Zhu was stuck with one major problem: good and evil. For Zhu, the words of both Confucius and Mencius were canonical. Mencius said things that could be taken to mean that human nature is good. Taken without qualification, that statement is flatly at odds with everybody's personal experience of humans that do nasty things. So Zhu had to have an explanation for evil, and that need put him in the position of somebody with one foot in the rowboat and one foot on the dock. A dualist position gives him an easy out. A monist position is more consonant with the theorizing that grew up almost from the beginning around the core prognostication text of the Yi Jing.
Zhu Xi considered the earlier Confucian Xun Zi to be a heretic for departing from Mencius' idea of innate human goodness. Even if people displayed immoral behaviour, the supreme regulative principle was good. It is unclear whence exactly immorality arises; Zhu Xi argued that it comes about through the muddying effect of li being shrouded in qi, but this does not fully answer the question, as qi itself shares part of the Taiji.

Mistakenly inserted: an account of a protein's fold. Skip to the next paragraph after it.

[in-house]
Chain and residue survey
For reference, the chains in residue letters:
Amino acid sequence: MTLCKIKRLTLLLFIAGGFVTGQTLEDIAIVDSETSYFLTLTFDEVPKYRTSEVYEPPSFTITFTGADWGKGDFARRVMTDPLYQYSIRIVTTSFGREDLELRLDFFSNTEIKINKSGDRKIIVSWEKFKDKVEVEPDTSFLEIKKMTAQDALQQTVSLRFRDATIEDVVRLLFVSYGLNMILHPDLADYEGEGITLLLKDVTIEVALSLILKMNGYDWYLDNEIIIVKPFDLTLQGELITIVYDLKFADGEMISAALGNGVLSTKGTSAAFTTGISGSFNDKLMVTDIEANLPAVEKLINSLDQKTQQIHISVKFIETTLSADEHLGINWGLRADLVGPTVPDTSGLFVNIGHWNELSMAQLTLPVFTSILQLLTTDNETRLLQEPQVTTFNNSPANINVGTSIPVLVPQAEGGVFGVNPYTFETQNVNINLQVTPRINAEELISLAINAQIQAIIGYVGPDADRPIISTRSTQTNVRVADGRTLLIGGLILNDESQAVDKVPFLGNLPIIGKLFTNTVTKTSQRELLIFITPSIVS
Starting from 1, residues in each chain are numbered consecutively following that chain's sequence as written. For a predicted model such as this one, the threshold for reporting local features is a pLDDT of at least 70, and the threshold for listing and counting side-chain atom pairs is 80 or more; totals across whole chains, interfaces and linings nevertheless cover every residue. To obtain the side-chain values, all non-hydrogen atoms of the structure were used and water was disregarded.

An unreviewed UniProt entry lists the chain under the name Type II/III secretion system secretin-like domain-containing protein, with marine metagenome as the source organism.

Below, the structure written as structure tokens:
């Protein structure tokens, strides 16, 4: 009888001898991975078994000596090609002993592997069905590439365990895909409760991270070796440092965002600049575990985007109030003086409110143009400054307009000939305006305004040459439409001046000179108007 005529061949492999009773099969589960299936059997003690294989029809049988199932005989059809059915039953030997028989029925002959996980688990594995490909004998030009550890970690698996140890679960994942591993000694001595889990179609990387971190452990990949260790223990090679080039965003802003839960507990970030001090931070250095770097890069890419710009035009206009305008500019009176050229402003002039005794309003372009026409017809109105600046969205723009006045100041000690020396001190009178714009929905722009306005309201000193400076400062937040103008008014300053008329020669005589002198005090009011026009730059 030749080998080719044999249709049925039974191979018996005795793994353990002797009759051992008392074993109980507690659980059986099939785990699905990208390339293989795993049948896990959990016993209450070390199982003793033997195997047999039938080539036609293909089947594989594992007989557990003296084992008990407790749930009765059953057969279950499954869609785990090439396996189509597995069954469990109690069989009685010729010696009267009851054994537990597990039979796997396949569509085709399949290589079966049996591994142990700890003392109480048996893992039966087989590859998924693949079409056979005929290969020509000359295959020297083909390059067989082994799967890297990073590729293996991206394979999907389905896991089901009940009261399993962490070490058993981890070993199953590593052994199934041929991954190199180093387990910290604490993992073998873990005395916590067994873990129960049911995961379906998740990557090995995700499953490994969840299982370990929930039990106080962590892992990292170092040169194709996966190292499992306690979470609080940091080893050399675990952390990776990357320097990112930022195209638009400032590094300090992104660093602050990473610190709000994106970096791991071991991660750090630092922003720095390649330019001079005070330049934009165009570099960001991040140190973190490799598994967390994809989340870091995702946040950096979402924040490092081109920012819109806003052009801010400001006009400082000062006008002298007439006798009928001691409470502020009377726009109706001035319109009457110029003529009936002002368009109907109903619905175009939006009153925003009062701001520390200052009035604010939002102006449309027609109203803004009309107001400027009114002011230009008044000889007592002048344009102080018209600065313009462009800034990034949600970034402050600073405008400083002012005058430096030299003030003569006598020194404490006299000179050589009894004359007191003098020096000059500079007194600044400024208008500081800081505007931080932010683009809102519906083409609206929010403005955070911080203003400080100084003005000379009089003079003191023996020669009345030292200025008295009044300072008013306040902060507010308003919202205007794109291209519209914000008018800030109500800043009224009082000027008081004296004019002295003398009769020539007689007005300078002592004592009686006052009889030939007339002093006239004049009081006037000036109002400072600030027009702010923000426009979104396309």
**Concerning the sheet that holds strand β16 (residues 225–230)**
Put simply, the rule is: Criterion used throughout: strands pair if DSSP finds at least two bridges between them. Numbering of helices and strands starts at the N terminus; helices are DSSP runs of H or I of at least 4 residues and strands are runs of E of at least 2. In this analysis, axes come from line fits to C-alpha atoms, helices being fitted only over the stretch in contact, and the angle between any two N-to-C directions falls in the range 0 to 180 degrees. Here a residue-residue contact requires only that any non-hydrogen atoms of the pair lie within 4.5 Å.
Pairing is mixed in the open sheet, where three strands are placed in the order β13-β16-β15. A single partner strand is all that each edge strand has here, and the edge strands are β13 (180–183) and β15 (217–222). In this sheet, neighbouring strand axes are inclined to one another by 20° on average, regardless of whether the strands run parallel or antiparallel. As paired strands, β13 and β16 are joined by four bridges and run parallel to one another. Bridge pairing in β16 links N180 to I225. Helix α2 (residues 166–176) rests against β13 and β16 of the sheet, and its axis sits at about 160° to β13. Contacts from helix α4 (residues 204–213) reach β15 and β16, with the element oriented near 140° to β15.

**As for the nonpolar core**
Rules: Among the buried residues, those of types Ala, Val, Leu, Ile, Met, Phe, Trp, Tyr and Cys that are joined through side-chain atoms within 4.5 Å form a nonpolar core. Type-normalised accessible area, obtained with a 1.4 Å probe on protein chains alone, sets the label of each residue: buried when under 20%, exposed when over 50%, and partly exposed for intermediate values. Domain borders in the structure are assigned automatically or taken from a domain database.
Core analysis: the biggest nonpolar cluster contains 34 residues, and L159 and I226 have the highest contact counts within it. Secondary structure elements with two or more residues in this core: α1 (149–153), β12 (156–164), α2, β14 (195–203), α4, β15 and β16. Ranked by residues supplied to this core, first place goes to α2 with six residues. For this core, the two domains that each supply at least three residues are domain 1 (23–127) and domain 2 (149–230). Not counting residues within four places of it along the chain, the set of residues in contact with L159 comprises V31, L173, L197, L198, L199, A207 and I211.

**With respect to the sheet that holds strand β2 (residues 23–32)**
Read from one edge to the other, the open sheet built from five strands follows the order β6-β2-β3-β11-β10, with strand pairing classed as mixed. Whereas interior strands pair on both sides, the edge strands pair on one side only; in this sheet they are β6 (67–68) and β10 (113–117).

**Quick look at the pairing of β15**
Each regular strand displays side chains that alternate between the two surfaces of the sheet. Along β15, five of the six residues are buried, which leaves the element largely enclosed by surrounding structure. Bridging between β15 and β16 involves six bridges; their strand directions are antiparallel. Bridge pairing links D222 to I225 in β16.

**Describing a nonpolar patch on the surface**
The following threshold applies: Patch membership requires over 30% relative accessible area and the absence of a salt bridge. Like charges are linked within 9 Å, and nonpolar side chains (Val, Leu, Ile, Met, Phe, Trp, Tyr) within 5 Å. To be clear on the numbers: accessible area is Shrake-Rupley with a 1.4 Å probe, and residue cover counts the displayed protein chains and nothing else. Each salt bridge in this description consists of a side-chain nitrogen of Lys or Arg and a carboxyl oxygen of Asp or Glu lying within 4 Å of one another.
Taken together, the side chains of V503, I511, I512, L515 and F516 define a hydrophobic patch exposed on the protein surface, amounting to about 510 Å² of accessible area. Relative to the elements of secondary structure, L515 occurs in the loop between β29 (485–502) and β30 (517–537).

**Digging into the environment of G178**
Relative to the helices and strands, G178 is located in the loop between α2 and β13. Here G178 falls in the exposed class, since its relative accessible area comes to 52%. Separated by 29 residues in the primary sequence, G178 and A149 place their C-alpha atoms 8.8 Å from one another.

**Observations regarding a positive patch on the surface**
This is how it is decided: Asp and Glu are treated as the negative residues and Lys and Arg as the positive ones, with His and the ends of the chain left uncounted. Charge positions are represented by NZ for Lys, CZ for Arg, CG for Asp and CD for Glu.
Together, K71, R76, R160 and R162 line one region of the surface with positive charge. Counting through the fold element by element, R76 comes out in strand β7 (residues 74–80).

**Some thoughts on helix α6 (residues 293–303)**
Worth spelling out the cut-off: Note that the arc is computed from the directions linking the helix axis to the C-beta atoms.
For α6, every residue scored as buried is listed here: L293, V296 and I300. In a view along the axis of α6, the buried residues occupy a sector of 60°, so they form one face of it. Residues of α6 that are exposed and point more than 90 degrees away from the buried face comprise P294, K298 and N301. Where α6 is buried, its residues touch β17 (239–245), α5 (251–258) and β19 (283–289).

What is the average well-informed reader supposed to make of this passage, especially the last sentence? Here is where the monism/dualism crunch comes in. In a couple of places Zhu Xi says, 太極生陰陽，理生氣也。Tài jí shēng yīn yáng, lǐ shēng qì yě. "For the Taiji to produce Yin and Yang is for li to produce qi." Fan Shou-kang gave due prominence to this quotation from Zhu Xi's work, but most other scholars have not assigned any particular importance to it. So from the standpoint of what can be established by citing the authorities of the field the issue is controversial. To say that "qi itself shares part of the Taiji" is clearly to take sides in this issue without even disclosing to the reader what is being asserted or which authorities would take exception to it. P0M (talk) 18:53, 7 February 2008 (UTC)